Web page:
Is there another Earth just 12 light-years away?

Astronomers studying the nearby star Tau Ceti, which is located just 12 light-years away, have found evidence to suggest the presence of five terrestrial or rocky planets. One of these planets, known as Tau Ceti-e appears to be located within the habitable zone of its parent star, and if confirmed, this would make it the closest known planet thought to be capable of supporting life as we know it.

Image showing the
Artist's impression of a planet orbiting a distant star.
Credit: NASA

The Tau Ceti planets were discovered by looking at the radial velocity of the parent star. As planets orbit around their host star, their gravitational pull causes the star to wobble back and forth, and it's the size of this wobble that reveals how massive the orbiting objects are. Tau Ceti-e is estimated to be around 4 times the mass of the Earth, which would only make it around 1.6 times the size (radius) of Earth, assuming a similar density. With such a low mass, it is unlikely to be a gas giant planet like Jupiter, but rather a rocky planet like Earth.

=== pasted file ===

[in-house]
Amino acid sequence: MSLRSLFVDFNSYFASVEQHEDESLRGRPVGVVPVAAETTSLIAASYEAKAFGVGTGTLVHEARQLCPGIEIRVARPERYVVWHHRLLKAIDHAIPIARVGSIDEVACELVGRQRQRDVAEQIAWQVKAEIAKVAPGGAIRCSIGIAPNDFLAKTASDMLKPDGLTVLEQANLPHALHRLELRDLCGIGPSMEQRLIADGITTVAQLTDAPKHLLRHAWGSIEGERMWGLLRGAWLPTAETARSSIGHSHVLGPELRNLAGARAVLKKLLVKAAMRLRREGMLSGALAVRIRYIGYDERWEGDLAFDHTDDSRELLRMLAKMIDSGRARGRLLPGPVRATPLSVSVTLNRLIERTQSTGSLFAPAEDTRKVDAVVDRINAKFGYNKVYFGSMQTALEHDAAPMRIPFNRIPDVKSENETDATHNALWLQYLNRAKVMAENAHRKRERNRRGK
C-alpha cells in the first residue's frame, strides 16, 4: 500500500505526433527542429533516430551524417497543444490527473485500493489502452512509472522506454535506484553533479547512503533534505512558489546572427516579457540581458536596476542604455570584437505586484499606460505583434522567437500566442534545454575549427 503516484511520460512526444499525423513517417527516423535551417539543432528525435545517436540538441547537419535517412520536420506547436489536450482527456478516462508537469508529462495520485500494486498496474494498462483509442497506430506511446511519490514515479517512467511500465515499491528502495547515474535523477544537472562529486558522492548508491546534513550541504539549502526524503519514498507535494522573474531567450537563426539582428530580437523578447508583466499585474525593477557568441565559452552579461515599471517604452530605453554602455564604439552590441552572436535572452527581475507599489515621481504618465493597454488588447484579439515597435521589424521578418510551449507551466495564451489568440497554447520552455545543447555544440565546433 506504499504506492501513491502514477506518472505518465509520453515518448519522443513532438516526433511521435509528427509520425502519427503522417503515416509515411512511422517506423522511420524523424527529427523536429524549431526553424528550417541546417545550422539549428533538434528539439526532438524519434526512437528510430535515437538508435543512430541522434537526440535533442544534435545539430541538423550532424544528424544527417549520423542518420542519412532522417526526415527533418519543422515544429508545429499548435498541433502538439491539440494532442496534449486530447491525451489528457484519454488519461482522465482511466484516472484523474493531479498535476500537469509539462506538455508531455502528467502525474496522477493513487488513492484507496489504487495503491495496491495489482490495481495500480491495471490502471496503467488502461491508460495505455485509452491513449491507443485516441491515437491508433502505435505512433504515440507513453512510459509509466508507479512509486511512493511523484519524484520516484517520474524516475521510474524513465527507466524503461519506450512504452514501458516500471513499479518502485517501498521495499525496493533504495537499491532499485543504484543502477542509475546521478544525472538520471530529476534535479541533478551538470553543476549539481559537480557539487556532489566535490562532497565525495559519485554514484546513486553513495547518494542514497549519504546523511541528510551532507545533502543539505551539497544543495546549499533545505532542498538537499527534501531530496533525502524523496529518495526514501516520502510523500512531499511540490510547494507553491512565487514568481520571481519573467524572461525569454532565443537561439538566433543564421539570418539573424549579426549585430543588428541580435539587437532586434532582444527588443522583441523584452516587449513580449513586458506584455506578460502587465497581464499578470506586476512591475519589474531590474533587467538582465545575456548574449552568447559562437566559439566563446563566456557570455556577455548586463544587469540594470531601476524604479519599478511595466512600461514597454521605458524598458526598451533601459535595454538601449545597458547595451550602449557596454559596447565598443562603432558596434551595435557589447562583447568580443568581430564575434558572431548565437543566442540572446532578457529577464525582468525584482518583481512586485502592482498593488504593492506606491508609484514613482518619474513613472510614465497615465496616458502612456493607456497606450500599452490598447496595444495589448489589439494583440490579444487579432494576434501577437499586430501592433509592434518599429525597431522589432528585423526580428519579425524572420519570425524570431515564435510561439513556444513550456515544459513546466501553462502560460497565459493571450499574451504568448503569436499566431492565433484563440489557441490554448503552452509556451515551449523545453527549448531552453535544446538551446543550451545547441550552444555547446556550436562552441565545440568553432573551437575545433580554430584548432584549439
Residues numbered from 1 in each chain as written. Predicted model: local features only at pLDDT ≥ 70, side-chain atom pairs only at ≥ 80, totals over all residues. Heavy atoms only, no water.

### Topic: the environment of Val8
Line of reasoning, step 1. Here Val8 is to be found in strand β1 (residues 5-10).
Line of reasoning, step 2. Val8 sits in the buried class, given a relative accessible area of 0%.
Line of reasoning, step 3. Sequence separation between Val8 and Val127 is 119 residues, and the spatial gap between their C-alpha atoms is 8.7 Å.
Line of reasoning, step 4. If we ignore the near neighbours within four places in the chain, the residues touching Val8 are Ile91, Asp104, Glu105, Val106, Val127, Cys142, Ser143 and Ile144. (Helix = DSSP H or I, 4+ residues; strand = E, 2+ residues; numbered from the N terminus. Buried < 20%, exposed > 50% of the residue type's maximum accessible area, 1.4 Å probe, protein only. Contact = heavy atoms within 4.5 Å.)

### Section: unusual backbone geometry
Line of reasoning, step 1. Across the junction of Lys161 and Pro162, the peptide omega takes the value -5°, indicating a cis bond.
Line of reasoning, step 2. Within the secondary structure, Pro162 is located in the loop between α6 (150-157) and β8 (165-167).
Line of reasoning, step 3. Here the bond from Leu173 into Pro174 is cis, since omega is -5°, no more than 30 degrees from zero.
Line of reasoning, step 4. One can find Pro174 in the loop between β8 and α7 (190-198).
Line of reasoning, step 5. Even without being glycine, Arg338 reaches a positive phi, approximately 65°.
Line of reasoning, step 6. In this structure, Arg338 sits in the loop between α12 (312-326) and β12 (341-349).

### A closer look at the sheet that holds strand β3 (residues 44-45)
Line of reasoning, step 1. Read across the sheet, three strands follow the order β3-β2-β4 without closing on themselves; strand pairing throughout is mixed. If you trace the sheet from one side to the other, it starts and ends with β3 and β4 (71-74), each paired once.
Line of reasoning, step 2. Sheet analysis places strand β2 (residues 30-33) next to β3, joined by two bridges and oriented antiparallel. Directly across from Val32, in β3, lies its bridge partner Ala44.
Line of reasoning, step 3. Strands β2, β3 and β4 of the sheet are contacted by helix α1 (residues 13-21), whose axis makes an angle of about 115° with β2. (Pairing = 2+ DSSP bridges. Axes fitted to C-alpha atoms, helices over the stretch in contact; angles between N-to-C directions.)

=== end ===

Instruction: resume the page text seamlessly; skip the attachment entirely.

The host star, Tau Ceti, is very similar to the Sun in many ways, but is thought to be much older. And like the Sun, it is the only star in the system, which means that the orbits of its planets are likely to be more stable, i.e. not distorted by the gravitational pull of two of more stars.